ABOUT THE BOOK
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This book takes a fresh look at an old and favorite story. In thirty-three poems it brings to life not only the voices of well-loved characters but also voices of characters not usually heard from -- including the glass slipper, without which the story would not have a happy ending. THEMES
Poetry; Fairy tales; Family DISCUSSION QUESTIONS
€ After reading "Cinderella's Coda" did she live happily ever after? Is that important? What ending would be happily ever after?
€ How does the poetry make the fairy tale different from other versions? Or does it?
€ Where does the author add humor? What do the humorous characters add to the story? What about the cat? How are his poems different from the others?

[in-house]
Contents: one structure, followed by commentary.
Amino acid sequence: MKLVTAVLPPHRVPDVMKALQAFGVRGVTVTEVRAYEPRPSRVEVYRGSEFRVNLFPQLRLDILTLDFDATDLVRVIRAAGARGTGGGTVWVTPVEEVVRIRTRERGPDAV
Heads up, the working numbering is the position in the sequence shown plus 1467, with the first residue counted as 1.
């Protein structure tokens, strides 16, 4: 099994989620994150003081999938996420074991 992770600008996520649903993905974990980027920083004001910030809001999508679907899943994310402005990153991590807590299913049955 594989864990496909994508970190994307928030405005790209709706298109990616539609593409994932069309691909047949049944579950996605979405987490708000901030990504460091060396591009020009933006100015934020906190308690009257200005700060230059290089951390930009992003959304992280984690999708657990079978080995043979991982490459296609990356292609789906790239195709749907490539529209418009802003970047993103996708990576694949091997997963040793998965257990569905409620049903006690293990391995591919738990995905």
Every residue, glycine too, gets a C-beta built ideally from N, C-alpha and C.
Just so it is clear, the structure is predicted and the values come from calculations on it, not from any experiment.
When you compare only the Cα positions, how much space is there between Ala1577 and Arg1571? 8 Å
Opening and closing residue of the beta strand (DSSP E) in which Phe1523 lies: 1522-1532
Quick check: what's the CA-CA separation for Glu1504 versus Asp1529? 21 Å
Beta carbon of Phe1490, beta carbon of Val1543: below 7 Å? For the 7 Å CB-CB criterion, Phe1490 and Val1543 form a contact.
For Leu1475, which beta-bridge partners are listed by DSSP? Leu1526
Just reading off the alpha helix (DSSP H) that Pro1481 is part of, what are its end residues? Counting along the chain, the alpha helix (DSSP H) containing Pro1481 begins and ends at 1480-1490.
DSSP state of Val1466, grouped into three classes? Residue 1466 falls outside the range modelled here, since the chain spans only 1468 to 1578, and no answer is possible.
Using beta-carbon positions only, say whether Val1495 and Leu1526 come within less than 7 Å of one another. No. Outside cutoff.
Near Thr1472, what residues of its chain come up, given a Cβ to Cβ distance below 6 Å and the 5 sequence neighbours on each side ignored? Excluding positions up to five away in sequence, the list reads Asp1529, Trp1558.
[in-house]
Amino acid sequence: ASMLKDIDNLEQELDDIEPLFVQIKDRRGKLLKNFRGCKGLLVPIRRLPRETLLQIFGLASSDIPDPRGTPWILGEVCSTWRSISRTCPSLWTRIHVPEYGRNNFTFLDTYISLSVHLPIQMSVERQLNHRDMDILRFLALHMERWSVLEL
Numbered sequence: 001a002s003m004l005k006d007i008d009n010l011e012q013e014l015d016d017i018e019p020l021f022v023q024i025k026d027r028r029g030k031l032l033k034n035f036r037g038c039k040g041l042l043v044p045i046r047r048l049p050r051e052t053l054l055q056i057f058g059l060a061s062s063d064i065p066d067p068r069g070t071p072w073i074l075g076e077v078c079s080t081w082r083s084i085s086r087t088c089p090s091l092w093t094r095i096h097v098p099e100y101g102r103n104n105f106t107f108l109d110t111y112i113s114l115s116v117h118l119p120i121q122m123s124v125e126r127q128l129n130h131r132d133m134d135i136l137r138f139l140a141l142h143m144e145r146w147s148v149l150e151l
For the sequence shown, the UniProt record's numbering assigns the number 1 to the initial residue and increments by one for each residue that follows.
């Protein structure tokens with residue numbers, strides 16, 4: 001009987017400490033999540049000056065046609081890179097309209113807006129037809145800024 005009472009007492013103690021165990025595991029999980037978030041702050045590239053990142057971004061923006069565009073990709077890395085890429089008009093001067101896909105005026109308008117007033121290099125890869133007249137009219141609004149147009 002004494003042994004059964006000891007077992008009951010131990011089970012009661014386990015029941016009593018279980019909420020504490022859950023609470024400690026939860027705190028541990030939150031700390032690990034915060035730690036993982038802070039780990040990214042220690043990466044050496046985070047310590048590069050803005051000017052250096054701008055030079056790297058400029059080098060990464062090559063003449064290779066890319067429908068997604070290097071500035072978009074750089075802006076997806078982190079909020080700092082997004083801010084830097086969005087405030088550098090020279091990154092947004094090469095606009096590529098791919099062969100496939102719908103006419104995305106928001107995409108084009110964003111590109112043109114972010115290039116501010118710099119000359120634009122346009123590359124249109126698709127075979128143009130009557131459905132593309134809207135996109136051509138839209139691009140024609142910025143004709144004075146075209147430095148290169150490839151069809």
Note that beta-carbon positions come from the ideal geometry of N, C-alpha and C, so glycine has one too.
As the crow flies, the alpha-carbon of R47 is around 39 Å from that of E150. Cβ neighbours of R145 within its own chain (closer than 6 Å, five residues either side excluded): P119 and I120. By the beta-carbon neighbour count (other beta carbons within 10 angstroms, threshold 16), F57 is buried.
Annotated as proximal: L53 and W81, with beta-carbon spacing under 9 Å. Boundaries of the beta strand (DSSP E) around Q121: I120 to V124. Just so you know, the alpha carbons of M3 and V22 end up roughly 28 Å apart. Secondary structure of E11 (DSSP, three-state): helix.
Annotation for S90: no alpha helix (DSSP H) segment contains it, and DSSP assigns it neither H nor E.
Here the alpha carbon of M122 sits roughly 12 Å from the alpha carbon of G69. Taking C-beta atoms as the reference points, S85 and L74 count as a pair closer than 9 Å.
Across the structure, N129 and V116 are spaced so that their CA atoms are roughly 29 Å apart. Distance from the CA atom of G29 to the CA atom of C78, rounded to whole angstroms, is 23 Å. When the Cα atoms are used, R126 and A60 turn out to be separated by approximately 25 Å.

€ Why is Cinderella's father's spirit close by? ACTIVITIES
€ Choose another fairy tale and list the characters and major objects. Would the tale you choose be able to be told in poetry? Try your hand in telling the story with poetry.
€ Act out the story using these poems as the dialogue.
€ Bring an extra pair of shoes. Have students exchange one of their shoes with another student. Then write a story about the shoe and how it feels to be left alone.
This reading group guide is for classroom, library, and reading group use. It may be reproduced in its entirety or excerpted for these purposes.
Prepared by Julie Tomlianovich
© William Allen White Children's Book Award
Please visit http://www.emporia.edu/libsv/wawbookaward/ for more information about the awards and to see curriculum guides for other master list titles.